African thoughts on Obama’s trip to Ghana

Not everyone is viewing the visit of the first African-American president to Ghana on July 11-12 in emotional terms.  This Africa Today article by a respected Ghanian think tank leader suggests that Ghana and the Gulf of Guinea are becoming increasingly important to American energy calculations.

He raises the possibility that the trip presages a possible American base in the country, perhaps a home for the Africom military command, now based in Germany.     The creation of Africom has been viewed skeptically on the continent.    American military power on the continent has sparingly been used to resolve humanitarian crises, but the growing importance of West African oil appears to trigger more aggressive involvement.   That is seen as a new form of colonialism.

So behind the photos and celebration lies the recognition that President Obama will look out for U.S. interests first.

To get America to undertake the kind of investment in Africa which has been lately coming from China, it will be other officials such as U.N. Ambassador Susan Rice, U.S. Trade Representative Ron Kirk and veteran Africa diplomat Johnnie Carson, the new assistant secretary of state for African Affairs who will have to address African concerns.   It will stoke conspiracy theorists that Carson’s most recent post was national intelligence officer for Africa.

However, he’s been an ambassador to Kenya, Uganda and Zimbabwe and staff director of the House Foreign Affairs Subcommittee on Africa during more than 37 years in the Foreign Service and Peace Corps.

With African heads of state meeting in Addis Ababa through July 3, one can be certain that Ghana’s leaders will be equipped with a  checklist of African wants from the Obama administration.   From nutrition to health to agriculture, the list is long.

In an opinion piece reacting to the announcement of Obama’s trip to Ghana and published in Joy Online – Hayford Siaw, executive director of the Volunteer Partnership for West Africa – writes that Ghana should use the visit as an opportunity to highlight the “most challenging issues confronting the nation and the African continent.”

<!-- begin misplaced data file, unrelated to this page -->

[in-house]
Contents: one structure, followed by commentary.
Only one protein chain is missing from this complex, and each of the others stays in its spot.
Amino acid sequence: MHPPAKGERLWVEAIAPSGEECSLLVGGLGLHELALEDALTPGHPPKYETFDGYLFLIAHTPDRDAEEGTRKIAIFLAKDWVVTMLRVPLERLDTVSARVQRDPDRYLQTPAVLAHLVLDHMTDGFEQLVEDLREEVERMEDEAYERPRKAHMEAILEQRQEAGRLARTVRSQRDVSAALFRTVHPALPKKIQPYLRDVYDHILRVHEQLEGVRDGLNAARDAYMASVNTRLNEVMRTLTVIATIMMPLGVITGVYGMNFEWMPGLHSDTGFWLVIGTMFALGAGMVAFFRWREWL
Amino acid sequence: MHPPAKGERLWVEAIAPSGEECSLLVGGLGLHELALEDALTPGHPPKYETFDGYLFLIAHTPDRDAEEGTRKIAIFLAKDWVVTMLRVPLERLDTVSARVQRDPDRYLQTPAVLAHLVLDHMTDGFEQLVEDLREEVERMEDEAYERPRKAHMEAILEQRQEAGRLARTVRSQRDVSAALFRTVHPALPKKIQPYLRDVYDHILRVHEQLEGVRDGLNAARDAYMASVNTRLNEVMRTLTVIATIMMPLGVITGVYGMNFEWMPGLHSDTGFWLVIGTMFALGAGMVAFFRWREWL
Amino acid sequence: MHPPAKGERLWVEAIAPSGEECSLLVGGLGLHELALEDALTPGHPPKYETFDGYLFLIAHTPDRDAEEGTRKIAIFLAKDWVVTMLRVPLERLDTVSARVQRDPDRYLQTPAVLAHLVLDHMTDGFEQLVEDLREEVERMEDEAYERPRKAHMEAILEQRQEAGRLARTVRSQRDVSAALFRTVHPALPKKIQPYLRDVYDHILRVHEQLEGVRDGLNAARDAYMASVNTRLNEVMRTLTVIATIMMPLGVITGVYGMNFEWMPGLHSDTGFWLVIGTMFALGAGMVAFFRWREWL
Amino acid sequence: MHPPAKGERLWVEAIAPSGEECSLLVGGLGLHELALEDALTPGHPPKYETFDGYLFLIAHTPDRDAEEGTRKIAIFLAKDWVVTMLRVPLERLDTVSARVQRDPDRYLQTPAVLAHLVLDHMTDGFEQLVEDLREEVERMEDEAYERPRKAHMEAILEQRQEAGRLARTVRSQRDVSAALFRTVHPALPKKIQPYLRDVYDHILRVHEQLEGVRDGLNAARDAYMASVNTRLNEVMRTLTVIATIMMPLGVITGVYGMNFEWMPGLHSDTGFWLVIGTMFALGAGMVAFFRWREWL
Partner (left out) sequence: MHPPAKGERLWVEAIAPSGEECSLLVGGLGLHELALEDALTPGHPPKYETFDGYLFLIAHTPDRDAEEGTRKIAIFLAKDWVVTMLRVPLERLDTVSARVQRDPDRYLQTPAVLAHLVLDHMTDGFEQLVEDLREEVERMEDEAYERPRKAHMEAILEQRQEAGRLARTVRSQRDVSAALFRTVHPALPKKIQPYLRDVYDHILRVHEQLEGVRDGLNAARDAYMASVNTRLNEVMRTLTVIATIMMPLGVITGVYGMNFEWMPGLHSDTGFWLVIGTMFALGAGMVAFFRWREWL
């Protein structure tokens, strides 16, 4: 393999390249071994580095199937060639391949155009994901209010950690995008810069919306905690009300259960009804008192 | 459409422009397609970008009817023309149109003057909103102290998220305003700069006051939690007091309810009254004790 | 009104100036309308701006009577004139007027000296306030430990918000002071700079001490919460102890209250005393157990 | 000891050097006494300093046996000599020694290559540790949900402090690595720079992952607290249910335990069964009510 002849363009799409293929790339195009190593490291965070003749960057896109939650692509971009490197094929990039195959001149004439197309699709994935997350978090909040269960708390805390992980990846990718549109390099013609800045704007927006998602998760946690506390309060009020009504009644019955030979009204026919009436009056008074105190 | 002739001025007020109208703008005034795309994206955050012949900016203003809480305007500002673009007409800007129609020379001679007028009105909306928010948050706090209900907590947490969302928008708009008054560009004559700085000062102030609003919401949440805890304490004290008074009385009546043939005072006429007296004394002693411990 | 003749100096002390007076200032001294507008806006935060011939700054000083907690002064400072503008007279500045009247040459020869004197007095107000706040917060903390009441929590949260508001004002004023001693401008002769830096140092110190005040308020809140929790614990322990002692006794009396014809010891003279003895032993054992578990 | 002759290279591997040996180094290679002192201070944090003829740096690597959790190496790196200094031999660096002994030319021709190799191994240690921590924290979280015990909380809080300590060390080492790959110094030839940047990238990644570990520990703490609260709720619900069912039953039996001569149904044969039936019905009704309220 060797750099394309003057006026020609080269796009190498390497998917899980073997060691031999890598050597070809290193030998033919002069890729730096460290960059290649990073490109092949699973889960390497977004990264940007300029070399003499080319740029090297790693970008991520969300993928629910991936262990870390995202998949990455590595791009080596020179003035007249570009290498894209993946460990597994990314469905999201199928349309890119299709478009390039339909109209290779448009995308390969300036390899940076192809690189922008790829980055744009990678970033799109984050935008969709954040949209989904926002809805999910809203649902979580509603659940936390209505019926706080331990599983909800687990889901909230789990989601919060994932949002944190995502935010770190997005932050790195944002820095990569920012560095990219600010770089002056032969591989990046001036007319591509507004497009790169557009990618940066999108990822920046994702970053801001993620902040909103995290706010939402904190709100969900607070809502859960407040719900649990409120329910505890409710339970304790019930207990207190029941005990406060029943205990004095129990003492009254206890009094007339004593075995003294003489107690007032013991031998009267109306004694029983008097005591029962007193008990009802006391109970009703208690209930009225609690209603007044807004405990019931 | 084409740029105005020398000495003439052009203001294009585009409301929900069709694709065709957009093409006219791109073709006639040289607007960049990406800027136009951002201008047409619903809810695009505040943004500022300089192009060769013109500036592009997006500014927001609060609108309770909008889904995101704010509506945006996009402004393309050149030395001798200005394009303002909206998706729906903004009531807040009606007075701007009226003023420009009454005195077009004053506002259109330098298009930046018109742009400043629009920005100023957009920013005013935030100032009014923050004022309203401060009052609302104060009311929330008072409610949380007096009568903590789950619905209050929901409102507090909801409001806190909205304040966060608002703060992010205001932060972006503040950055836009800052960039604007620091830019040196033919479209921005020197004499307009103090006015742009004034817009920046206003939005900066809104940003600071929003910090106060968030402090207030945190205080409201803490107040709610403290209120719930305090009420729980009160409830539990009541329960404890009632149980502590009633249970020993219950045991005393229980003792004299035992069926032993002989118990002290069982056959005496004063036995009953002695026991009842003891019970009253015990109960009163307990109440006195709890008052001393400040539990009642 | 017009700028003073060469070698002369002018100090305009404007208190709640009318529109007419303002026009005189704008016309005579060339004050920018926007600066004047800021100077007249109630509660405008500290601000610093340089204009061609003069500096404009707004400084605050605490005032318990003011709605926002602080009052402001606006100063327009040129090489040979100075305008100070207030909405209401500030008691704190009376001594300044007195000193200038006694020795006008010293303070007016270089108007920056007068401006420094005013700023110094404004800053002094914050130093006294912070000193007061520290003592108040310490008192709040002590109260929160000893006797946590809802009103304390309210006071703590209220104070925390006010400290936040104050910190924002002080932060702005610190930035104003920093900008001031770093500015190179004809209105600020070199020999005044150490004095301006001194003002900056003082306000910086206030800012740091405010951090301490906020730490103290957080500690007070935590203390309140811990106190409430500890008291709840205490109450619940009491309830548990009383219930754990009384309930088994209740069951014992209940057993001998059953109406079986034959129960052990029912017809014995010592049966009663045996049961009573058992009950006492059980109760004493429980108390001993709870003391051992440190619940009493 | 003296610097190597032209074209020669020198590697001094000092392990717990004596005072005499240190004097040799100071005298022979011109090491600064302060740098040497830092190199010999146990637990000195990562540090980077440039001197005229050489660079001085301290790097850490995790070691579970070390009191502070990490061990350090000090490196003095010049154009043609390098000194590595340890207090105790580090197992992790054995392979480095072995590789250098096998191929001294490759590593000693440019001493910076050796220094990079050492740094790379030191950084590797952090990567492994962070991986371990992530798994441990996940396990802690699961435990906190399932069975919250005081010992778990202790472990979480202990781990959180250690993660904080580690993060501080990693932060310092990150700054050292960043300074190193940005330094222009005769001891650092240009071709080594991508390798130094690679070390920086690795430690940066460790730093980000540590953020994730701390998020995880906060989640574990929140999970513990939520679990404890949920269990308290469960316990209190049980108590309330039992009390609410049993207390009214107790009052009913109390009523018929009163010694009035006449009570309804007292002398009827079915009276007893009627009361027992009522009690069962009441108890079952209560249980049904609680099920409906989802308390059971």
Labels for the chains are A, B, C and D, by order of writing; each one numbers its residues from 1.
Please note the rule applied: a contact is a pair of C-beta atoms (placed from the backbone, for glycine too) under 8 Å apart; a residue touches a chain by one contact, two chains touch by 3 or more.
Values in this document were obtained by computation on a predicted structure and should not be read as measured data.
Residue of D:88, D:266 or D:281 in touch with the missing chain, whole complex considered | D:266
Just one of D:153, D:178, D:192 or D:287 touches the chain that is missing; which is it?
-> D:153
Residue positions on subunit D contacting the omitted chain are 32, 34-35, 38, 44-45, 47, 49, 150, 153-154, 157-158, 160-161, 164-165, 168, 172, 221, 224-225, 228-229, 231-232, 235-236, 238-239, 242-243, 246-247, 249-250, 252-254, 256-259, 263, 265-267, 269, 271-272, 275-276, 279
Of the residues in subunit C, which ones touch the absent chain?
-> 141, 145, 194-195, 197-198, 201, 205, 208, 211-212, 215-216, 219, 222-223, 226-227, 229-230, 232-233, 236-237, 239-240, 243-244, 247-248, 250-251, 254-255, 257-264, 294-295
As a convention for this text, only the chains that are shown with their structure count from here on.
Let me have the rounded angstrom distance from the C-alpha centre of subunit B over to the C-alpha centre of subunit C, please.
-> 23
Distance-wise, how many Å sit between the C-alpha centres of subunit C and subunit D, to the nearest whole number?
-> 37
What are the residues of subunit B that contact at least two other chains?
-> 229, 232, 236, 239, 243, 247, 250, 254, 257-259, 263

Siaw writes that Ghana should make “clear cut statements with our needs with specific time frame and budget.” The country should propose that the President’s Malaria Initiative fund a new malaria strategy “geared towards eradication of the disease,” according to Siaw. “Ghana should take the lead… to move policies of controlling the disease to policies of eradicating the disease,” and it should call for investment in malaria treatments, insecticide-spraying and malaria education, Siaw writes, concluding that a strategy like this could help Ghana to eradicate malaria with three years (Siaw, Joy Online, 5/17).

  • Joy Online also published an article that examines Ghana’s progress towards achieving the targets set out by the U.N. Millennium Development Goals (Cudjoe/Simons/Bentil, Joy Online, 5/18).
  • In other health news in Ghana, the country’s Food and Drugs Board has created five mini laboratories in five regional capitals to test the safety and efficacy of malaria drugs, GNA/Ghana Home Page reports. The laboratories, which were created with the U.S. Pharmacopoeia’s Drug Quality Information Program, cost a total of $30,000 (GNA/Ghana Home Page, 5/15).

With speeches in Ghana and for the NAACP’s 100th anniversary in the same week, this will be a test of how much political capital the President is willing to spend on delivering for Africans on both sides of the Atlantic.  As the Africa Today article demonstrates, he’ll have to do more than just show up.

Hopefuly, as National Black Business Month approaches, Obama will inspire African-Americans to take a greater interest in bilateral ties with the African continent. One group of Obama supporters is already planning a get together in Ghana.

That may be the most non-controversial strategy which the administration can employ as a way to revive fading urban areas like Detroit, D.C. and New Orleans with import/export businesses and to speed up the pace of sustainable development in Africa.  In Blackmoney: Advanced Strategies for Maximizing the $1 Trillion Blacks Receive Worldwide Yearly, we point out that Africa has a lot more to offer African-Americans than they believe, especially the thousands of publicly-traded firms on its 14 stock exchanges and the divestment of formerly-state-owned enterprises.

Even if Obama’s hands are tied by the weight of his domestic agenda, there is no reason why African-Americans can not follow his lead by engaging directly with the motherland substantively and sustainably.


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